The pandemic has magnified many issues that we face as a society, including post-secondary programming in the arts, including music. Post-secondary music programs have been criticized in recent years for their lack of equity and diversity, a problem that is undeniably systemic. Changes to post-secondary curricula need to better reflect a diversity of arts-making and makers, as well as support an understanding of the nature and scope of careers within the arts. Without illuminating this pathway, and making it as direct as possible, post-secondary music programs are inevitably excluding many potential students from choosing to study music in post-secondary education. In this talk, we will describe the cultural domains in Canada and the different ways that artists can work within and/or across them. We also highlight some of the challenges faced by the industry and offer some insights about how changes in post-secondary programs could better equip musicians to diversify their craft and/or pivot across domains. We also identify some areas for policy changes that could better support the industry and the individuals that work within it.
Dr. Julia Brook is an Assistant Professor of Music Education at the Dan School of Drama and Music, Queen’s University in Kingston. She holds degrees in Piano Performance and Music Education. Her SSHRC and CFI-funded research examines ways to ensure accessible and appropriate music education programs in schools, higher education and the community. Dr. Brook has worked as an elementary and specifically education music teacher, studio piano teacher and collaborative pianist.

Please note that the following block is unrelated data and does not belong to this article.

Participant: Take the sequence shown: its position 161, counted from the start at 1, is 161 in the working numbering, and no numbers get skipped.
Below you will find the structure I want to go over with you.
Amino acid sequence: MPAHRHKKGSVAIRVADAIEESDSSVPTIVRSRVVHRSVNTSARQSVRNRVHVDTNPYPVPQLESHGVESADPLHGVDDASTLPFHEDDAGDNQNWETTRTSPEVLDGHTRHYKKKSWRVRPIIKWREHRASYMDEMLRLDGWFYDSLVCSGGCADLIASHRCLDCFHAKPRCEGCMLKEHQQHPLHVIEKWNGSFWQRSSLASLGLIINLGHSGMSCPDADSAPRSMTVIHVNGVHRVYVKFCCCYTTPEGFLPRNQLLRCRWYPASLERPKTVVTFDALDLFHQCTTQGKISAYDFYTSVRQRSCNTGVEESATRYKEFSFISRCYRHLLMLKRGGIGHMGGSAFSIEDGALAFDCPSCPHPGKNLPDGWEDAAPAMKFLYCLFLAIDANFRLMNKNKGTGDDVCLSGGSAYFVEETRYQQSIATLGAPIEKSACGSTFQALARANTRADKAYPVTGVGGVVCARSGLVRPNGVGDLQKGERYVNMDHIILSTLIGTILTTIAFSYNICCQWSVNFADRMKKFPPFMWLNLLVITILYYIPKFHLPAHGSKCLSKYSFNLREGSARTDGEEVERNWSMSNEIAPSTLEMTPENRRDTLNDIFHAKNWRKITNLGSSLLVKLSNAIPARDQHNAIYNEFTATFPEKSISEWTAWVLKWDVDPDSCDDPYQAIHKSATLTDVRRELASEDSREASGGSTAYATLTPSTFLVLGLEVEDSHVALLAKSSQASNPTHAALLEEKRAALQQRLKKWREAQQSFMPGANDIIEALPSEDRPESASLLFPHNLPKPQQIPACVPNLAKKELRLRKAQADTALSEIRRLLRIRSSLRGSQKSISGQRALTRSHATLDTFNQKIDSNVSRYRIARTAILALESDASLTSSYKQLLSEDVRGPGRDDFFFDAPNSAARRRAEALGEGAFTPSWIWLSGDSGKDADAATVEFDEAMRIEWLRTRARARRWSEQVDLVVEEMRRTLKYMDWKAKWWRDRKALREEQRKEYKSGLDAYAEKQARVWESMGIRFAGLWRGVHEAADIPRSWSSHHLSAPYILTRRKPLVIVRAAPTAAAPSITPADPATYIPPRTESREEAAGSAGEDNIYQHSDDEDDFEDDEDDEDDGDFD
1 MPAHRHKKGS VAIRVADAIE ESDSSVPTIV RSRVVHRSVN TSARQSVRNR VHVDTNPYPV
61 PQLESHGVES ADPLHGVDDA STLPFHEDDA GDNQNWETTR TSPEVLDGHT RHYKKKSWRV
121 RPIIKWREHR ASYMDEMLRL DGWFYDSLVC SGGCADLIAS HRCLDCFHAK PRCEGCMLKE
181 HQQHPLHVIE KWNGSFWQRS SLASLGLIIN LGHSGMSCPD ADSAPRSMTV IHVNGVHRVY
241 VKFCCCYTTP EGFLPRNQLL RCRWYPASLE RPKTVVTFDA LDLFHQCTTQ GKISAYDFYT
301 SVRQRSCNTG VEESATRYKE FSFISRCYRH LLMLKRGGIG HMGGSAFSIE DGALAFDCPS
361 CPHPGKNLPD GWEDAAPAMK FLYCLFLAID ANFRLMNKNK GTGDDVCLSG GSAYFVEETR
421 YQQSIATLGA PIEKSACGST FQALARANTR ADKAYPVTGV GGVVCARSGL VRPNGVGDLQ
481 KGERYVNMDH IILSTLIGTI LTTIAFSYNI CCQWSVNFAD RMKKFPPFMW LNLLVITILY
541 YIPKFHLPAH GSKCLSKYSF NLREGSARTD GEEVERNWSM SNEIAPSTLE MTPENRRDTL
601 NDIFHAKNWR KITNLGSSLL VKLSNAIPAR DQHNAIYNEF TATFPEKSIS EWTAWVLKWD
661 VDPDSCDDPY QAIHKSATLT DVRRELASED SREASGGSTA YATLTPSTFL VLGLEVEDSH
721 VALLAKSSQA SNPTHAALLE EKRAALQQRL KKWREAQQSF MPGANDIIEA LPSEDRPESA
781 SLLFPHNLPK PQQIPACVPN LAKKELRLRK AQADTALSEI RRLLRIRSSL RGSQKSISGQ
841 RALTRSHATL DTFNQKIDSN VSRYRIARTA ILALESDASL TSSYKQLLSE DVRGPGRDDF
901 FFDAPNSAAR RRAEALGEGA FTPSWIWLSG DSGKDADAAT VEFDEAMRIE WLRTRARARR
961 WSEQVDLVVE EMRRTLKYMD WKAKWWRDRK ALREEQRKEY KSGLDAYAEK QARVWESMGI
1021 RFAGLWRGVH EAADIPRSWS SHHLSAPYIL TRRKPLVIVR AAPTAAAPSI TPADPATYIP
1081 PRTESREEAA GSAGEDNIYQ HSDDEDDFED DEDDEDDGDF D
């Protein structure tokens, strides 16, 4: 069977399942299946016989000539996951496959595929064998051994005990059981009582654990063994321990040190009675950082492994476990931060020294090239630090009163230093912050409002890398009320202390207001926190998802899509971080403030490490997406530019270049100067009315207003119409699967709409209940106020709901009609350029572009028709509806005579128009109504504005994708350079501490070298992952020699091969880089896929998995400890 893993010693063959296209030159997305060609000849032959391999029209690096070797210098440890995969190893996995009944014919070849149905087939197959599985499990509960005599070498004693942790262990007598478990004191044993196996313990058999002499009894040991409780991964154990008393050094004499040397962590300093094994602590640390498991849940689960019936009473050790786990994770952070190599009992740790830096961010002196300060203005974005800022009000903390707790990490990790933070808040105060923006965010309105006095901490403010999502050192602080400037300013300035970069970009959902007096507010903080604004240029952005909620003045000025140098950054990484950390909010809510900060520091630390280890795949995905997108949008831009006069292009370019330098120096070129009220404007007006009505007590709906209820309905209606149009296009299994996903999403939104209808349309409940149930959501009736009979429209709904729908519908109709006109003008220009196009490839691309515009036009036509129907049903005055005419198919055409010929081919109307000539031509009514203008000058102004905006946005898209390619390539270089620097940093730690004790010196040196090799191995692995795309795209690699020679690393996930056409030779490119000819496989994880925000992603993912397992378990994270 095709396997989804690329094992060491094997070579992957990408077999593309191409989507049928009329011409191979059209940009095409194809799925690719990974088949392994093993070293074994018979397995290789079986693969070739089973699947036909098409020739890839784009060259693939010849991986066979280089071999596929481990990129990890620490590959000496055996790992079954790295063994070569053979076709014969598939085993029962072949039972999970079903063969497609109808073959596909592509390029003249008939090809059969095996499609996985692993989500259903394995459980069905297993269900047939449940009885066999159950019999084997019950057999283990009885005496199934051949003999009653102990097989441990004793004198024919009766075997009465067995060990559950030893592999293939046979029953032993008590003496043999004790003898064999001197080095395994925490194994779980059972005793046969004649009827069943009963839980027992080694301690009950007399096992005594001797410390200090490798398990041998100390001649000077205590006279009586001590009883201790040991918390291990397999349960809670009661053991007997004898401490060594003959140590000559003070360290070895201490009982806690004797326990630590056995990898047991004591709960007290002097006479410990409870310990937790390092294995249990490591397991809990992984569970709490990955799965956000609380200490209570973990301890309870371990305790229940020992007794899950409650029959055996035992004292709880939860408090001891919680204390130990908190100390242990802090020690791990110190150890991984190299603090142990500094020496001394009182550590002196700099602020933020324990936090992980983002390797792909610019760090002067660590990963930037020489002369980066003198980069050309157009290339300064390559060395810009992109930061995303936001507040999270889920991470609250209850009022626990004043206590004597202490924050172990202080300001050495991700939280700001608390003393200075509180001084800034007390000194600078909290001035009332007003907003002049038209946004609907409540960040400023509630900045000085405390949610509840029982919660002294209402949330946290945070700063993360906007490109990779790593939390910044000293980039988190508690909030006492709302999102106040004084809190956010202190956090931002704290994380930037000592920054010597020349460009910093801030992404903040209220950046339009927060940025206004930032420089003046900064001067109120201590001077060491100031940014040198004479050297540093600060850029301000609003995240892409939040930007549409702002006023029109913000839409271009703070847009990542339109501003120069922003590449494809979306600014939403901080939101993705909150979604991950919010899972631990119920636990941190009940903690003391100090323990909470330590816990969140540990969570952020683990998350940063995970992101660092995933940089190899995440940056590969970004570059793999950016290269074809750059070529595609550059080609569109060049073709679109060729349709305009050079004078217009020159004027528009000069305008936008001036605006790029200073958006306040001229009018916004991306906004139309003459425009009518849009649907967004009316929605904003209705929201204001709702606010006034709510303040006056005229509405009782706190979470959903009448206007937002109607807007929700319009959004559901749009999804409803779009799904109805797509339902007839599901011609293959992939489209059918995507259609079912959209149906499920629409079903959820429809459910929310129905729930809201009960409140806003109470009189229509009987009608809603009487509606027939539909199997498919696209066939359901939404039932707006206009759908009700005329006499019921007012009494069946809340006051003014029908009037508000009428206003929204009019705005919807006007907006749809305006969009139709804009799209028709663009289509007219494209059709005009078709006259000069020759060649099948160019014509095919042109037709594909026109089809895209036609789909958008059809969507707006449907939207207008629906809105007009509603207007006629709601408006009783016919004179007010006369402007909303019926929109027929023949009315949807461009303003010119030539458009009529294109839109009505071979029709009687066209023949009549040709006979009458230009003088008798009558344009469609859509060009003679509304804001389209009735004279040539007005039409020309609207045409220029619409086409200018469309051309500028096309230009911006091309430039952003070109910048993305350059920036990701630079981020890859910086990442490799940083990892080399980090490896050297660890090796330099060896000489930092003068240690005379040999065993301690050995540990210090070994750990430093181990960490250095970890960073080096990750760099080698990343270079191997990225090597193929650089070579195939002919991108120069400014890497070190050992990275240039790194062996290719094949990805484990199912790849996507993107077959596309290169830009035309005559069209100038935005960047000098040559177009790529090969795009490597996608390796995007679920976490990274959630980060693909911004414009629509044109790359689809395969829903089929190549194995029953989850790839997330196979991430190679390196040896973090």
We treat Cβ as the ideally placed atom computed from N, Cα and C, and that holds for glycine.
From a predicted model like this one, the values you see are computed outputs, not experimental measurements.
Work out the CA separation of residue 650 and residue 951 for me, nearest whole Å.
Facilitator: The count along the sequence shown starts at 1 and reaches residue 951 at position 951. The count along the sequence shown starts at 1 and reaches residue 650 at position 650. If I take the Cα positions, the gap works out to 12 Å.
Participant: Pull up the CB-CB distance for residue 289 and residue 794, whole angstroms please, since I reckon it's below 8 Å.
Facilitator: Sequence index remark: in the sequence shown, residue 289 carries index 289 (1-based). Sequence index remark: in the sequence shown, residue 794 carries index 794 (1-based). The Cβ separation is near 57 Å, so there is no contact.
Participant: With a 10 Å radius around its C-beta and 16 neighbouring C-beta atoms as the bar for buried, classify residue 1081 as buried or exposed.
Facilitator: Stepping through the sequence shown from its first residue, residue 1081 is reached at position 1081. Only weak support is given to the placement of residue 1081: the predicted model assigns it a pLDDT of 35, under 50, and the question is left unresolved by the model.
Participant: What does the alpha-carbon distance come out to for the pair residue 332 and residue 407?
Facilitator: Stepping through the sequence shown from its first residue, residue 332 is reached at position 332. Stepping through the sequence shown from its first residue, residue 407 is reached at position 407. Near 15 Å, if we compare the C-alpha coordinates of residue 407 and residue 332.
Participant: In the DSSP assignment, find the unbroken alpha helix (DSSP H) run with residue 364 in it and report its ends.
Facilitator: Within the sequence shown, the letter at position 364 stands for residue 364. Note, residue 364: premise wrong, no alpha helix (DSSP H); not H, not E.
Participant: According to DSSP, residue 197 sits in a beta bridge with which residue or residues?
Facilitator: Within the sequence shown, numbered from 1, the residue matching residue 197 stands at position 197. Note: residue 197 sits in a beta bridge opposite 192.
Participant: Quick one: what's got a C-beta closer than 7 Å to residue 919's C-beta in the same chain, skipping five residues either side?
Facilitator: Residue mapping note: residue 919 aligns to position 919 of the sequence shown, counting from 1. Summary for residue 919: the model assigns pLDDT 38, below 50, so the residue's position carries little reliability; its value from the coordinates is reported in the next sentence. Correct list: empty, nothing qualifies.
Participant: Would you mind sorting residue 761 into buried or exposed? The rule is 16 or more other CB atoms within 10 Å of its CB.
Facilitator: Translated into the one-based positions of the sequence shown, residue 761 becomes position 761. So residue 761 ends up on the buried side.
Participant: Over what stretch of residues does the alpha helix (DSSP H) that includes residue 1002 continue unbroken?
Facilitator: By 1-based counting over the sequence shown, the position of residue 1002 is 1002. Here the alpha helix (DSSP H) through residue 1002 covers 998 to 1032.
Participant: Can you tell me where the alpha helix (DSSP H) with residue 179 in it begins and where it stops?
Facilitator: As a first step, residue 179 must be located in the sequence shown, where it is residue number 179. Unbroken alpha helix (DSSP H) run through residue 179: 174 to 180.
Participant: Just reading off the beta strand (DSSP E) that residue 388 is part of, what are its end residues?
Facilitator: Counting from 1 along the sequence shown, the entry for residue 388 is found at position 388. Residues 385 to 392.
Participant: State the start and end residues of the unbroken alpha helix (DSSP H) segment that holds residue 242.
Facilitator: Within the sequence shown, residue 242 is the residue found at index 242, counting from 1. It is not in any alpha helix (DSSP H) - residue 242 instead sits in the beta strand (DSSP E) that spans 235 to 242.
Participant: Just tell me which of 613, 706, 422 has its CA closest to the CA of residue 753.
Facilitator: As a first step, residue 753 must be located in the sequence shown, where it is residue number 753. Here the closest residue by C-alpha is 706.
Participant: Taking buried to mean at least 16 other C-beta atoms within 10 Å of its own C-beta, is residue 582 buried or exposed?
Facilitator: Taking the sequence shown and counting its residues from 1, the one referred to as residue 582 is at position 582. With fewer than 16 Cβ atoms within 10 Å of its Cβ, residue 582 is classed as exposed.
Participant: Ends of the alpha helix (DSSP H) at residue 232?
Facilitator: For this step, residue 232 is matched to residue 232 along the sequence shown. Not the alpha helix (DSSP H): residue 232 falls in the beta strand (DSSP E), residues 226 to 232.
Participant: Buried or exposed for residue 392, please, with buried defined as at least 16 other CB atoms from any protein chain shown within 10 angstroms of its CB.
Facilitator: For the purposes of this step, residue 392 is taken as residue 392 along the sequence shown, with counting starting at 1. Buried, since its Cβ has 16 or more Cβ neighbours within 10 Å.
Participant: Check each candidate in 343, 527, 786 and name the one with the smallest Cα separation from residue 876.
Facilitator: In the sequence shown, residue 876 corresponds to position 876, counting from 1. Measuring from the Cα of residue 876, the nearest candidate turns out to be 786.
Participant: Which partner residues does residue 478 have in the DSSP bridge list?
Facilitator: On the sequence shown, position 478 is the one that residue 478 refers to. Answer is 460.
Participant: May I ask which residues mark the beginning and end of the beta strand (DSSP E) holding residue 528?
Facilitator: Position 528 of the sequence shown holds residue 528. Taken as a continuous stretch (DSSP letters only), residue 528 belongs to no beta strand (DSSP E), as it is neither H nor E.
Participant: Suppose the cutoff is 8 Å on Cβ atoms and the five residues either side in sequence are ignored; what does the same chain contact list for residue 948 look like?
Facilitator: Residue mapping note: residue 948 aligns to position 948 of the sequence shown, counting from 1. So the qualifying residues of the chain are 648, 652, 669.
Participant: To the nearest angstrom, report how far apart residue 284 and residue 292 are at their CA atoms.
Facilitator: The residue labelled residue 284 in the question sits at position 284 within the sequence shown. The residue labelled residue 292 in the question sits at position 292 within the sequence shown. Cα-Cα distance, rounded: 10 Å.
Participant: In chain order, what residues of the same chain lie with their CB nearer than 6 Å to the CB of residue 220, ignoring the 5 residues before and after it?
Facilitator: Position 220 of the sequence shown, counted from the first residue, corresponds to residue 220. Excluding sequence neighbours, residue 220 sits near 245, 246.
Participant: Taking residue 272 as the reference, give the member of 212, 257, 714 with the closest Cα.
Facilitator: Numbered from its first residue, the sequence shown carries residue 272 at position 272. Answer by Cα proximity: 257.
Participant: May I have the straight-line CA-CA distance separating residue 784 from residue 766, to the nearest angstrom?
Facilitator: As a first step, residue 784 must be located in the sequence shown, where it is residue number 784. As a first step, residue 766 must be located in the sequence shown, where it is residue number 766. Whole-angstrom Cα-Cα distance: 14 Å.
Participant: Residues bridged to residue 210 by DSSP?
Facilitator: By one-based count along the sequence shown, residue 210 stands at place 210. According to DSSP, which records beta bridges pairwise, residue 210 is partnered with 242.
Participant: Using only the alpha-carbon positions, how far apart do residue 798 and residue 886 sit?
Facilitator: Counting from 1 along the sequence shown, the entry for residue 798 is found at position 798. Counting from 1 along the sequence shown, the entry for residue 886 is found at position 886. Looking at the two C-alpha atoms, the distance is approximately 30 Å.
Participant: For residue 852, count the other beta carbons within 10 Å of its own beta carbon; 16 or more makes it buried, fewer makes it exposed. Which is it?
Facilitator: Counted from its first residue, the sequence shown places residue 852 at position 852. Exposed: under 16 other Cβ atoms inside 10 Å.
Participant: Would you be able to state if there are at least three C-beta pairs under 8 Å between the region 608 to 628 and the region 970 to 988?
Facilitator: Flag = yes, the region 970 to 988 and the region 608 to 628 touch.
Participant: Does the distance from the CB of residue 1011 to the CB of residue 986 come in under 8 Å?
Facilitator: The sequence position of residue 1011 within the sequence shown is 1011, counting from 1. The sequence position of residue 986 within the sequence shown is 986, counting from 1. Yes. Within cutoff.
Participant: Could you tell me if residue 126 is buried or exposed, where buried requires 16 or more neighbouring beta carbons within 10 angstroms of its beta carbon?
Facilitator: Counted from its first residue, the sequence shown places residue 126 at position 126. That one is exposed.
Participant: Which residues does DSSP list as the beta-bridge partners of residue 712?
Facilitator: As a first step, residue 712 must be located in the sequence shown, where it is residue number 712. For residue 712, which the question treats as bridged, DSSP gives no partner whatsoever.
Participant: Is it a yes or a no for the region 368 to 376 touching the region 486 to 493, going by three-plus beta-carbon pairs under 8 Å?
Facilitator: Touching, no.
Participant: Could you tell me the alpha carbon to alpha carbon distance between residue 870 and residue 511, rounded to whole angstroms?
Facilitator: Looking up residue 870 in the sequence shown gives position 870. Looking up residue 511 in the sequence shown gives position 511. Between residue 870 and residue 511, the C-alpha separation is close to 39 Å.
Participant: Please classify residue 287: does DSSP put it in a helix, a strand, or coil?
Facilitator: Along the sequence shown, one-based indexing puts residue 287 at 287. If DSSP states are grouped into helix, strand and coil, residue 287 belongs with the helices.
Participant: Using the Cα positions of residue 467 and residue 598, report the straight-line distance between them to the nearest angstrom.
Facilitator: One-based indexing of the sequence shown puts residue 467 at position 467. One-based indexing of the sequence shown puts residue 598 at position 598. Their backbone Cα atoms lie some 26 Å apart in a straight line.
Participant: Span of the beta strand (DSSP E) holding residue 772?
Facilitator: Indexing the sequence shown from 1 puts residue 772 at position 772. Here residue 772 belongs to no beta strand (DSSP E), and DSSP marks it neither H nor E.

Dr. Colleen Renihan is Assistant Professor and Queen’s National Scholar in Music Theatre and Opera at the Dan School of Drama and Music. She holds degrees in Voice Performance and Musicology. Her book, The Operatic Archive: American Opera as History, was published this year. Colleen is embarking on a SSHRC and CFI-funded project with Dr. Julia Brook that investigates universal design principles for music theatre performance, and they have just completed a SSHRC funded project examining the scope and nature of work for musicians across Canada’s cultural domains.
Ben Schnitzer a PhD candidate in Cultural Studies at Queen’s, where he also taught in the School of Policy Studies. After studying voice and performing in Canada and in Europe, Ben completed a Master of Public Service (Waterloo) and worked in cultural policy for the Canadian government. A member of the North American Cultural Diplomacy Initiative (NACDI) and was awarded a Joseph-Armand Bombardier Canada Graduate Scholarship from SSHRC to support his research on Canadian cultural diplomacy in the contemporary period.
Recorded via Zoom, November 5th 2020